The news out of the United Kingdom in June 2003 was a call to action for people with diabetes and their physicians. Investigators in the Heart Protection Study had reported a year earlier that the drug simvastatin had lowered cholesterol levels in study subjects and reduced the risk of heart attack and stroke by 25%. The researchers then looked at the subgroup of subjects who had diabetes, and published their findings in June 2003.
They found that lowering levels of low-density lipoprotein (LDL) cholesterol (often referred to as “bad” cholesterol) by 39 mg/dl resulted in a 22% reduction in the likelihood of a first heart attack or stroke in people with diabetes. Significant cardiac benefits were found even in people who entered the study with no signs of arterial hardening and those whose LDL levels were within ranges that don’t automatically suggest the need for LDL-lowering drugs. These results led the researchers to conclude their report with a declaration that “statin therapy should now be considered routinely for all diabetic patients at sufficiently high risk of major vascular events, irrespective of their initial cholesterol concentrations.”
The relationship between heart disease and the various forms of lipids (blood fats such as cholesterol and triglycerides) was described as early as the 1930’s and confirmed in the Framingham Heart Study in the 1970’s and by many other studies since then. Cholesterol is a key contributor to atherosclerosis, the “hardening of the arteries” that leads to heart disease, stroke, and peripheral vascular disease.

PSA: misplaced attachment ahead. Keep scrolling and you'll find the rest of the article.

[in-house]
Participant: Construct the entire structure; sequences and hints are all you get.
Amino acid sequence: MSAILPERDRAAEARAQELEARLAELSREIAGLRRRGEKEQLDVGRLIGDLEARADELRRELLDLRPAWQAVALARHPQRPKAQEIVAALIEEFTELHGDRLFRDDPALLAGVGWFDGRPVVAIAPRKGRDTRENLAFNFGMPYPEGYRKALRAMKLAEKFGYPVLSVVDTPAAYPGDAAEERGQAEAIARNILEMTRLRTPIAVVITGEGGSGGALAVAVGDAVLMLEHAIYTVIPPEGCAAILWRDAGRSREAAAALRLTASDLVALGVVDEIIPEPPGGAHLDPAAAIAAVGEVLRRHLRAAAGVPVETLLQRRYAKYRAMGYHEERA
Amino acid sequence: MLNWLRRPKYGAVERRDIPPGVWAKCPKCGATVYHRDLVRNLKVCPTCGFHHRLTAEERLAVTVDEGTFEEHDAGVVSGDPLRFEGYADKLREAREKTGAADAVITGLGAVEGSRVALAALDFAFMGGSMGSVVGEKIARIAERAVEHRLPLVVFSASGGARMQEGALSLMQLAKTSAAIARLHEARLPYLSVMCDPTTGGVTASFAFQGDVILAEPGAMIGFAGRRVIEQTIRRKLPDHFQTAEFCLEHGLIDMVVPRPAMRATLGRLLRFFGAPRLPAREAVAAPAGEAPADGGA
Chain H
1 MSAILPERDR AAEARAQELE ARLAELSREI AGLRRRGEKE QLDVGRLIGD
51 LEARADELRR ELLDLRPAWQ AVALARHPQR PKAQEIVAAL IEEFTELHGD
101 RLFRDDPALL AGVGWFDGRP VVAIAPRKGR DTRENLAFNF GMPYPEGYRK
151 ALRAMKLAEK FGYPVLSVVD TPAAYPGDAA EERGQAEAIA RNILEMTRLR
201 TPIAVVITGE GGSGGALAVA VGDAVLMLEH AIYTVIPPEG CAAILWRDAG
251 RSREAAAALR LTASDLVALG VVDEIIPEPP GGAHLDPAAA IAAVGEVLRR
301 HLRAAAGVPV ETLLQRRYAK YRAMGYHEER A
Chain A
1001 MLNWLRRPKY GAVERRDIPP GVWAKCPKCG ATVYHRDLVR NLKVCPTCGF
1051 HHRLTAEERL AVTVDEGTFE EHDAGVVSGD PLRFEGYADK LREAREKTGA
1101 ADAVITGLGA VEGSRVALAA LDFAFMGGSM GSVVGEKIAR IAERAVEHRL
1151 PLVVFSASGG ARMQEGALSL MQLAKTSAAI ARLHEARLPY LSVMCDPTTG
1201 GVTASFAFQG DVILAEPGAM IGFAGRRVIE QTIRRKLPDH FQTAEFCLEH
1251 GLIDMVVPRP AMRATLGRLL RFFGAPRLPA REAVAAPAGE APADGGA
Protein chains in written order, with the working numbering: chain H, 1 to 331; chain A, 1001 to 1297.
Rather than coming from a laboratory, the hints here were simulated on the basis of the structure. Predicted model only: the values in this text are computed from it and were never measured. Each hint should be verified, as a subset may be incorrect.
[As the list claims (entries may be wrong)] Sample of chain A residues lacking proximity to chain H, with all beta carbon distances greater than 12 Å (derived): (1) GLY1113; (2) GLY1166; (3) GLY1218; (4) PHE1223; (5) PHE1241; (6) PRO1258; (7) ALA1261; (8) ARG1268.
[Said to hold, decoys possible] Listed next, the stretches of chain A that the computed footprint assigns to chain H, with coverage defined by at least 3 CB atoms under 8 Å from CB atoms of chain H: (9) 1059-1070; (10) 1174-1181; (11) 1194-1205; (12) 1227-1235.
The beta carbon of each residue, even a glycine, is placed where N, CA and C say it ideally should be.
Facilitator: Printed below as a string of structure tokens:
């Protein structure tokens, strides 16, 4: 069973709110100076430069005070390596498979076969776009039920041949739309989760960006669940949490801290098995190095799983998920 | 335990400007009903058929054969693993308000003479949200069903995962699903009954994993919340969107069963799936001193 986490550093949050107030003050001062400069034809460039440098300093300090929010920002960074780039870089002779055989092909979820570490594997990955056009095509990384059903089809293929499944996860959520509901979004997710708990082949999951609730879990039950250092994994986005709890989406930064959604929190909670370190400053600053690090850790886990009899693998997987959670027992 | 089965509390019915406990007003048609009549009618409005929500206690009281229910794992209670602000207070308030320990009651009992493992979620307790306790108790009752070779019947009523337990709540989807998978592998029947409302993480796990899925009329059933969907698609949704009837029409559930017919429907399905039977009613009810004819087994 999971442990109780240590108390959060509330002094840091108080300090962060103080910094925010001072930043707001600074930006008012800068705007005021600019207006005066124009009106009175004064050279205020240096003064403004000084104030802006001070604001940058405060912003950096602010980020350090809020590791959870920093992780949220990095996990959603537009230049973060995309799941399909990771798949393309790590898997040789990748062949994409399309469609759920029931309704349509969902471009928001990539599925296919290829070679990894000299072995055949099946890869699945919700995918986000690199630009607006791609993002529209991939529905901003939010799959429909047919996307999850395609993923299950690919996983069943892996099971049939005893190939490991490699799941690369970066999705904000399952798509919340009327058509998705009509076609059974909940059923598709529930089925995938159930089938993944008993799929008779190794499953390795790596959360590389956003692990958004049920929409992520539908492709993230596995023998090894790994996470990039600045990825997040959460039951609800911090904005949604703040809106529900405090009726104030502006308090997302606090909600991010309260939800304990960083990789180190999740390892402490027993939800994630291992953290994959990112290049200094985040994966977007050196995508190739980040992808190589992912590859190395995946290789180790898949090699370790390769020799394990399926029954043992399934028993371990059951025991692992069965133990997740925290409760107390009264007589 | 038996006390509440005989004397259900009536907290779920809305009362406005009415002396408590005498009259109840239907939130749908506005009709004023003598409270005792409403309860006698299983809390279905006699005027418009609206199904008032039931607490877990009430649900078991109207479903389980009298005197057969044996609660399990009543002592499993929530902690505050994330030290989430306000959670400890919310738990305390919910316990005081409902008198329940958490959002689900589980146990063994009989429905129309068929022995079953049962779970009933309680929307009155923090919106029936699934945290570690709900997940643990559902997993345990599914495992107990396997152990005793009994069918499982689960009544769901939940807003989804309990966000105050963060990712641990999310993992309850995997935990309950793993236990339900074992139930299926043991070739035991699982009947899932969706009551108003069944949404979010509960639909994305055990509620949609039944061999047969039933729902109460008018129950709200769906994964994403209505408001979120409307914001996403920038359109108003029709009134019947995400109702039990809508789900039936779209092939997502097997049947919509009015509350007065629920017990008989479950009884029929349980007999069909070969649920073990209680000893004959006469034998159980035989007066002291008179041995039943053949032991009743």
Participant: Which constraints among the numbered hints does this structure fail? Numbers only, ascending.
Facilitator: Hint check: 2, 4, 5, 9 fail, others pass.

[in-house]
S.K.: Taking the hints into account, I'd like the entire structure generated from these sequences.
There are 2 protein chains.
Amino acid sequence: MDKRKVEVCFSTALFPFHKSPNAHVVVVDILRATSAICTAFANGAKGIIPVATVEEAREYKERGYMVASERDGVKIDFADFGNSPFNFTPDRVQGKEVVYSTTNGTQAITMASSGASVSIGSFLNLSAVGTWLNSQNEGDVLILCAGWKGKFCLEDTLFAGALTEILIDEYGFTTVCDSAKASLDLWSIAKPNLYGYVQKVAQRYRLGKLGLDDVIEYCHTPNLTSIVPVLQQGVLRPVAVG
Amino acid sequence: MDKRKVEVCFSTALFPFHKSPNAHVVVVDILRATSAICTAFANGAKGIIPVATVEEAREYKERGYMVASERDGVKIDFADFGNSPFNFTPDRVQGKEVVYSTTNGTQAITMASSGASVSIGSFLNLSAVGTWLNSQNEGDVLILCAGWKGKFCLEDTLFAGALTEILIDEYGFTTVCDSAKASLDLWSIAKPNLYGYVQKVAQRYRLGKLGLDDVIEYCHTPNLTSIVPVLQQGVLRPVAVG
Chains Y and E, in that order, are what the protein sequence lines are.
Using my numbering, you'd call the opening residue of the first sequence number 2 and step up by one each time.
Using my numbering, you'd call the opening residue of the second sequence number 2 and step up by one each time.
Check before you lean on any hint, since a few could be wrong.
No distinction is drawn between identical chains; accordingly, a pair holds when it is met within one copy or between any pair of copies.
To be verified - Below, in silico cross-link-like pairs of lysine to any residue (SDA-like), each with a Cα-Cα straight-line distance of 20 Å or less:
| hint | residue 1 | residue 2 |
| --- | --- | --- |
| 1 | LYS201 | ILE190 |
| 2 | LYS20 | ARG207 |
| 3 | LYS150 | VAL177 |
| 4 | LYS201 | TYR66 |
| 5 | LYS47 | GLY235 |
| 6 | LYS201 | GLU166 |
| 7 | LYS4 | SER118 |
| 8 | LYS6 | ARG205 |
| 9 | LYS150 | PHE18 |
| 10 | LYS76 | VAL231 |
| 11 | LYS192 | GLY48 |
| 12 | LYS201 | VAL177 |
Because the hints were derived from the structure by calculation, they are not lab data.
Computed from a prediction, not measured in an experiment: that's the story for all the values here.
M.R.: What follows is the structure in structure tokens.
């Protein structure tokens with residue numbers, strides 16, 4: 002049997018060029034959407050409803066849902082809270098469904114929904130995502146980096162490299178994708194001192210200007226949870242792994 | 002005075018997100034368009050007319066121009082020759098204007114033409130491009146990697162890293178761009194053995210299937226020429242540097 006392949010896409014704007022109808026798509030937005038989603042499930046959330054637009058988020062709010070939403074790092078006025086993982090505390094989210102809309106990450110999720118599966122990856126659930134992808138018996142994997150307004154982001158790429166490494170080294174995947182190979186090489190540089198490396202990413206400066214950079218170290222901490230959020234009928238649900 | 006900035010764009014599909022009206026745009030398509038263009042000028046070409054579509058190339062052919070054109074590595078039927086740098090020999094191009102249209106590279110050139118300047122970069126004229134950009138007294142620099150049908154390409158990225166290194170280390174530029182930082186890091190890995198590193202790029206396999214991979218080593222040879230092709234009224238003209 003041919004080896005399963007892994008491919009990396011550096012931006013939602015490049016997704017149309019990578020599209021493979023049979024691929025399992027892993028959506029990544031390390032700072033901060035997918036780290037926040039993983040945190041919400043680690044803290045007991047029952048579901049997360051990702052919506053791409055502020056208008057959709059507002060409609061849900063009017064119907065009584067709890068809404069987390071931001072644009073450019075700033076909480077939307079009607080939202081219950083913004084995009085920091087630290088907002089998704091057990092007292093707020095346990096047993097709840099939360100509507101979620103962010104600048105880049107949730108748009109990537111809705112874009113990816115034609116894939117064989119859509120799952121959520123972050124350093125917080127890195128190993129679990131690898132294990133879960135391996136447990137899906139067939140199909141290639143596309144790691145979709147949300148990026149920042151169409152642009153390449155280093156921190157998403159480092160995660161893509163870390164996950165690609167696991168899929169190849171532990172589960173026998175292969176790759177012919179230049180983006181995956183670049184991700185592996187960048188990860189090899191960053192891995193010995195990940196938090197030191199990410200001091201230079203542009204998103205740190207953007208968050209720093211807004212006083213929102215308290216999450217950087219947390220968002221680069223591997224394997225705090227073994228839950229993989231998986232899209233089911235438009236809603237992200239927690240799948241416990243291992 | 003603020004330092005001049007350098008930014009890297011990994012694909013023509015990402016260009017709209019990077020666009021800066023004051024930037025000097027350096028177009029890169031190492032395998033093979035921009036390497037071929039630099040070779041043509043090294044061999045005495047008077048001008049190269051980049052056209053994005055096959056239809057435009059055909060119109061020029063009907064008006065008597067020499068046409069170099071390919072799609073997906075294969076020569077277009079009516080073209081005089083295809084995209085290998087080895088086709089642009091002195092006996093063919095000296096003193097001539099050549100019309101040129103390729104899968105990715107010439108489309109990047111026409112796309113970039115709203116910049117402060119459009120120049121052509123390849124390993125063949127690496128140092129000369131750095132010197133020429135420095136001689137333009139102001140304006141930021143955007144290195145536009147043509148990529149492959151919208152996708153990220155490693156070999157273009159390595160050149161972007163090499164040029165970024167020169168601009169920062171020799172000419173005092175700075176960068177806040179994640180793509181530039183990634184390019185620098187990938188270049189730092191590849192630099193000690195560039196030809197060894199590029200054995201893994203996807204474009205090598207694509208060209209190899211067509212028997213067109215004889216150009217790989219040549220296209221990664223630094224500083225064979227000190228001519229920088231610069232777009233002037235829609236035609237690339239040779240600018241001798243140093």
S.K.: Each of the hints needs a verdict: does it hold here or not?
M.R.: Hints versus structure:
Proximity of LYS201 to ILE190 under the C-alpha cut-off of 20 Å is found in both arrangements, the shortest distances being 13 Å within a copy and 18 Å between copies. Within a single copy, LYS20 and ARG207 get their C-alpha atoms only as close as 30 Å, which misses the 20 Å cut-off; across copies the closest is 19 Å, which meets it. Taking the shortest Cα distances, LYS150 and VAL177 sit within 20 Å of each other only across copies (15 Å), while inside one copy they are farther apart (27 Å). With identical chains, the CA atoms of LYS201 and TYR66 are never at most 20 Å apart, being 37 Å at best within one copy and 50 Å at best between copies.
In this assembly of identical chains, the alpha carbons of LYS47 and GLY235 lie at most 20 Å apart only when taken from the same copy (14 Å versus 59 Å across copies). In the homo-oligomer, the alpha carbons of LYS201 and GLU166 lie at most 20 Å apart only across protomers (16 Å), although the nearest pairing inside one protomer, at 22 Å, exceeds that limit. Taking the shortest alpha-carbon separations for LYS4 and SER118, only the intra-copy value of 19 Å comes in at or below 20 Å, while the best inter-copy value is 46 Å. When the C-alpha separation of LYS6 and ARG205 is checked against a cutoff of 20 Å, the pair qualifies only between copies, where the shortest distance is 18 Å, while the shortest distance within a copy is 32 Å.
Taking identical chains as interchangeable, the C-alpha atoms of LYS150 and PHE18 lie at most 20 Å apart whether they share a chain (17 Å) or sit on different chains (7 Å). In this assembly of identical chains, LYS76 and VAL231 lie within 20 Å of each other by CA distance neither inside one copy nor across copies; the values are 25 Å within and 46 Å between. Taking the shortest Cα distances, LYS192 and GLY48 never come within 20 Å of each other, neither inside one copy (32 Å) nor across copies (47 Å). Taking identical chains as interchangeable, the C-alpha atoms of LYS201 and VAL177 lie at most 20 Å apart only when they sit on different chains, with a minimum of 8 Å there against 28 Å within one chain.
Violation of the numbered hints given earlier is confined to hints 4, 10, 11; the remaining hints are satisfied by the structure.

This is particularly important to people with diabetes, in whom atherosclerosis is much more prevalent. Three-quarters of people with diabetes will die of complications that arise from atherosclerosis. They have a 2–4 times higher risk of heart attack and stroke and are more likely to die in the hospital undergoing a cardiac procedure. They also do less well following a heart attack or surgery. Atherosclerosis in the peripheral circulation, primarily in the arteries of the legs, is 2–4 times more likely in people with diabetes. This can lead to dangerous clots, pain, and amputation.
People with diabetes, in particular Type 2 diabetes, have a characteristic dyslipidemia (lipid disorder) that puts them at higher risk of atherosclerosis. They tend to have high blood levels of triglycerides and low levels of high-density lipoprotein (HDL) cholesterol. HDL cholesterol is often referred to as “good” cholesterol, because it appears to protect against atherosclerosis. Although people with diabetes tend to have levels of LDL cholesterol that are the same (or only slightly elevated) as people who don’t have diabetes, their LDL particles are of a different and more dangerous kind.
The LDL particles in people with diabetes are different because they contain more triglycerides. “When you increase the concentration of triglycerides in LDL cholesterol, its structure changes and it becomes a smaller, denser particle,” says Leonard M. Keilson, MD, MPH, a lipids specialist practicing in Portland, Maine. “These dense LDL particles are particularly dangerous, because they can more easily cross the endothelium — the lining of the arteries — and enter the wall of the vessels.” Fatty deposits in arterial walls lead to atherosclerosis.
Diet modification and exercise can help with this dyslipidemia, although Dr. Keilson cautions that they are most effective in people who have metabolic syndrome (a group of problems including cholesterol abnormalities, abdominal obesity, high blood pressure, and insulin resistance that increase the risk of diabetes, heart disease, and stroke) as opposed to full-blown Type 2 diabetes.